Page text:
It’s still neoliberal fuckery

(dis)United Kingdom

Prime minister

Fig. 1. President Reagan on the South Lawn during the arrival ceremony of Prime Minister Margaret Thatcher of the United Kingdom. U.S. Government photograph, November 16, 1988, via Wikimedia Commons, public domain.

There is a new blog post entitled, “Means to wealthy ends.”

Aletha Adu and Jessica Elgot, “Sunak says higher taxes and spending cuts needed to satisfy markets,” Guardian, November 13, 2022,


Higher Education

Fig. 1. The Cathedral of Learning at the University of Pittsburgh (“Pitt”). Photograph by “RealNordyNed,” December 17, 2015, via Wikimedia Commons, CC BY-SA 4.0.

When I moved to Pittsburgh in 2019, I did so partly in the hope that with so many colleges and universities in the area, maybe one of them might have a spot for me:

Pennsylvania’s State System of Higher Education, commonly known as Passhe, recently consolidated six of its campuses into two after more than a decade of flagging enrollment and financial pressures. Pennsylvania State University ran a deficit of more than $150 million last academic year. And Muhlenberg College saw its credit downgraded last year amid analysts’ concerns about “highly competitive student market conditions and weak regional demographics” squeezing the institution’s revenue.

While some factors — like declining enrollment, anemic state investment, and a dwindling pipeline of high-school graduates — affecting institutions in the Keystone state are also common elsewhere, there’s also a distinctly Pennsylvanian force at play: The state has a large number of colleges relative to its traditional-age student population.[1]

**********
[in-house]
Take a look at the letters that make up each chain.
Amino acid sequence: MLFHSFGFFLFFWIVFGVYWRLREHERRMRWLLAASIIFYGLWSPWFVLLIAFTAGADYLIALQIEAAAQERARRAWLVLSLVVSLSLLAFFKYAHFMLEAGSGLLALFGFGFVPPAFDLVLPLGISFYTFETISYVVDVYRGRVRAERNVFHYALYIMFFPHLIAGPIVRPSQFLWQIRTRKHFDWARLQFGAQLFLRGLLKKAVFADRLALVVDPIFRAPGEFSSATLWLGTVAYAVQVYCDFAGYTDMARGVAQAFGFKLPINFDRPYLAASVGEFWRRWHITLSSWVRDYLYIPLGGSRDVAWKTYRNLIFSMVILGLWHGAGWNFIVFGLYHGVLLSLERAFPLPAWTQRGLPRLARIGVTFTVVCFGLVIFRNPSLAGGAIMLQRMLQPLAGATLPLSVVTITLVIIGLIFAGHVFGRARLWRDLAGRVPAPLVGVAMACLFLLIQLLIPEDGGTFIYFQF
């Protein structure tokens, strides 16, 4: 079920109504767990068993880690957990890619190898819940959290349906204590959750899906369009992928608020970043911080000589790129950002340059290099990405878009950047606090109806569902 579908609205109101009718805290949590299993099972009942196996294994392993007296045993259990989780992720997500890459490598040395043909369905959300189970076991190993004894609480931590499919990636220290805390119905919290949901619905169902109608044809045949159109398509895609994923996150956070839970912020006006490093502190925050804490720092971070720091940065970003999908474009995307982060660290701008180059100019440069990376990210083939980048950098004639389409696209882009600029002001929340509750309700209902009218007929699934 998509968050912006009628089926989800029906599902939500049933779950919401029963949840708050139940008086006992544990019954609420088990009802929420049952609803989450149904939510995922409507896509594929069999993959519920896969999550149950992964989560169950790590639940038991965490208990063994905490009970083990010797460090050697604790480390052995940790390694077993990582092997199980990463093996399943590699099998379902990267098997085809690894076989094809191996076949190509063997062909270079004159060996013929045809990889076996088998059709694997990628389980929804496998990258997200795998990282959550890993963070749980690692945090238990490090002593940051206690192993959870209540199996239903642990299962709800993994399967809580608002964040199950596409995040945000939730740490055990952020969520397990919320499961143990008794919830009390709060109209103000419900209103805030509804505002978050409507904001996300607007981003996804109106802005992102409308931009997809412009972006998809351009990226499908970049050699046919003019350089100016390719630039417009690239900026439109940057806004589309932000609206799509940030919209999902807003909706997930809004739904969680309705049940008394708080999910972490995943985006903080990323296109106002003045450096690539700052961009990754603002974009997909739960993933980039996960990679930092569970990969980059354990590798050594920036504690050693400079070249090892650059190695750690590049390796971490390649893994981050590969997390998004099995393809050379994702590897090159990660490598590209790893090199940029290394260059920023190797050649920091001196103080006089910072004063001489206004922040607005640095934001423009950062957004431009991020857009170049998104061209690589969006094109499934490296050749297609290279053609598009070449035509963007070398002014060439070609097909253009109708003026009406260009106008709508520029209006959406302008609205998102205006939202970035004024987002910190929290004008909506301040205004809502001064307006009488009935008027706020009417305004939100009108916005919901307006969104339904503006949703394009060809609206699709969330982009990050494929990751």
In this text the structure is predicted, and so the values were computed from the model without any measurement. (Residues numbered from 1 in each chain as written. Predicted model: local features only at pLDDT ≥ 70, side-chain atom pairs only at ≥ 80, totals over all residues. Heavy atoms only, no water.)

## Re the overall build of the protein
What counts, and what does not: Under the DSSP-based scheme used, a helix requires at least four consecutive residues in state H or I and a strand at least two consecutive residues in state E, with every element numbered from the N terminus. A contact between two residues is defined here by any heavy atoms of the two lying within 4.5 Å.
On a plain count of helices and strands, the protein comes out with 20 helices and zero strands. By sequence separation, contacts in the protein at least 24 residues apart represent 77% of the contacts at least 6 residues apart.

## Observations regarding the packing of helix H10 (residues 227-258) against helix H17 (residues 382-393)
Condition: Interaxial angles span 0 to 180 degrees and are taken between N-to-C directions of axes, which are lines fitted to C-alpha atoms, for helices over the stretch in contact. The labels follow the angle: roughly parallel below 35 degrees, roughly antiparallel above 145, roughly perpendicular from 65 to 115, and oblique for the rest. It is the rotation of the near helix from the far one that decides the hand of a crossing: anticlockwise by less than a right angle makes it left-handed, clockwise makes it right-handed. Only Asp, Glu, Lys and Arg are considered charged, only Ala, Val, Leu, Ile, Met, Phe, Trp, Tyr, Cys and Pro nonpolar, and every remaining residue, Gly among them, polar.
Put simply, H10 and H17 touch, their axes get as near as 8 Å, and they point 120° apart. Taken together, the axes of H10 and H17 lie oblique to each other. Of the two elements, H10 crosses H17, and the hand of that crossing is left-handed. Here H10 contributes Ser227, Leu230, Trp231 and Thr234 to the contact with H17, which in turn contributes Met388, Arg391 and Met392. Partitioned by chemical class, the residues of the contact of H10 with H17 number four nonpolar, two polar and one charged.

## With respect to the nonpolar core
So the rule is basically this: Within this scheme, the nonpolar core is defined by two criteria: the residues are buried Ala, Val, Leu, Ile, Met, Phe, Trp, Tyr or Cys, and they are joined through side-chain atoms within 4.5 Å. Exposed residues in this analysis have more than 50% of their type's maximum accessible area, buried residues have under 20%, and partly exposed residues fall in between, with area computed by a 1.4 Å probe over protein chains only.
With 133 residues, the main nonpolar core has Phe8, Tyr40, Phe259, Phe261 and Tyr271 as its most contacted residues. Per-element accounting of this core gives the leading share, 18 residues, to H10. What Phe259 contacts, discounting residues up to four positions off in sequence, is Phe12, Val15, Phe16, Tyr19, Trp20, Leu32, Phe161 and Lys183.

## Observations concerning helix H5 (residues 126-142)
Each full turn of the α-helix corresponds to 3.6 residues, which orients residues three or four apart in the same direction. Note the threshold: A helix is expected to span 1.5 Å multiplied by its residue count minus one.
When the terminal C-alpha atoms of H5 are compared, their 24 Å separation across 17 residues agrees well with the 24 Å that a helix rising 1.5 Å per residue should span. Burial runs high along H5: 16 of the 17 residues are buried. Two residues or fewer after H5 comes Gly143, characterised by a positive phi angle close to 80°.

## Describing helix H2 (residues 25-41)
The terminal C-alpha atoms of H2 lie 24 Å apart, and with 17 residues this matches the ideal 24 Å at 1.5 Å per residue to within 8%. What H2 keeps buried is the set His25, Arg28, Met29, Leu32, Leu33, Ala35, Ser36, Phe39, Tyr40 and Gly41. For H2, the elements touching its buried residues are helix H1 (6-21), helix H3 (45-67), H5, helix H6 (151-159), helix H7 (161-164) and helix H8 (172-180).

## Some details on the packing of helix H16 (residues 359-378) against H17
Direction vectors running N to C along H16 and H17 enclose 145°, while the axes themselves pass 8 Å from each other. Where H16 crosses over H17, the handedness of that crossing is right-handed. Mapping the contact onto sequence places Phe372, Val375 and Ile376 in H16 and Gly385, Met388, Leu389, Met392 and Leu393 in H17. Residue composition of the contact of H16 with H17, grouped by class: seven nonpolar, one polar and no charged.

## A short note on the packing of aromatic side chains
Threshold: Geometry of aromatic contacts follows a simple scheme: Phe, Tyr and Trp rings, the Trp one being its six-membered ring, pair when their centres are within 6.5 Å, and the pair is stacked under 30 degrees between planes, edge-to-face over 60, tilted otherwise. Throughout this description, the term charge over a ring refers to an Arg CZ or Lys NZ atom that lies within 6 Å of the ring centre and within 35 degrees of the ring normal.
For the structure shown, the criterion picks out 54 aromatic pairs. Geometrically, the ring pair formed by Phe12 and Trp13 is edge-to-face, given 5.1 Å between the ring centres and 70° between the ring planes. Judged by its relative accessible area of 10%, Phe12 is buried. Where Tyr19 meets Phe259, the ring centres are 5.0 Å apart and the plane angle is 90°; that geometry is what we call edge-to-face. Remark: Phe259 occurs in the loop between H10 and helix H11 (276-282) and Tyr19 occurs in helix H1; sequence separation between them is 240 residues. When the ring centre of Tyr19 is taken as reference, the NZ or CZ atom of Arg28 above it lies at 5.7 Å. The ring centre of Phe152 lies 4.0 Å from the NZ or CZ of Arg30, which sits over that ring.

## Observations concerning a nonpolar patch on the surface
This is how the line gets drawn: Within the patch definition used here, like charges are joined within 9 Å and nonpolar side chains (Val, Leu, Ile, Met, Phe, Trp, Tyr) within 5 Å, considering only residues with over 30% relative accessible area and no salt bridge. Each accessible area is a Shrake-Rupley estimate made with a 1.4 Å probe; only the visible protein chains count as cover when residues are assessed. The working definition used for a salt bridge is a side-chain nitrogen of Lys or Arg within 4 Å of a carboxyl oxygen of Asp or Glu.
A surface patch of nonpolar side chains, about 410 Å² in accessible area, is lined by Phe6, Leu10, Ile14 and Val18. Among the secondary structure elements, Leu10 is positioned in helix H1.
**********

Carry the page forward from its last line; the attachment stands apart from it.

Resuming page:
All I know is that I really can’t tolerate the ongoing insult of being reduced to an Uber driver and that I am doing what has to be the stupidest legal thing one can do in Pittsburgh to try (and fail) to make a living. There is no social life here—gig economy companies, on guard against sexual and other forms of harassment, discourage it—let alone the social life I crave among highly educated people, and as calamity approaches from at least five different directions (these being 1) a woefully inadequate income forcing me to work seven days per week; 2) the likelihood, especially given Pittsburgh drivers, of a collision destroying the car I rely upon; 3) the relatively high risk of crime;[2] 4) the appalling condition of Pittsburgh roads and bridges and the toll these roads take on my car; and 5) the capriciousness and financial uncertainty of gig economy companies that may lead me to lose the only job I can get,[3] even through no fault of my own), this is not even remotely a life worth living and it is a life utterly without hope.

Audrey Williams June and Brian O’Leary, “The State With Too Many Campuses,” Chronicle of Higher Education, November 11, 2022,

  1. [1]Audrey Williams June and Brian O’Leary, “The State With Too Many Campuses,” Chronicle of Higher Education, November 11, 2022,
  2. [2]David Benfell, “Gaslighting Uber drivers on safety,” Not Housebroken, November 9, 2022,
  3. [3]David Benfell, “About my job hunt,” Not Housebroken, n.d.,

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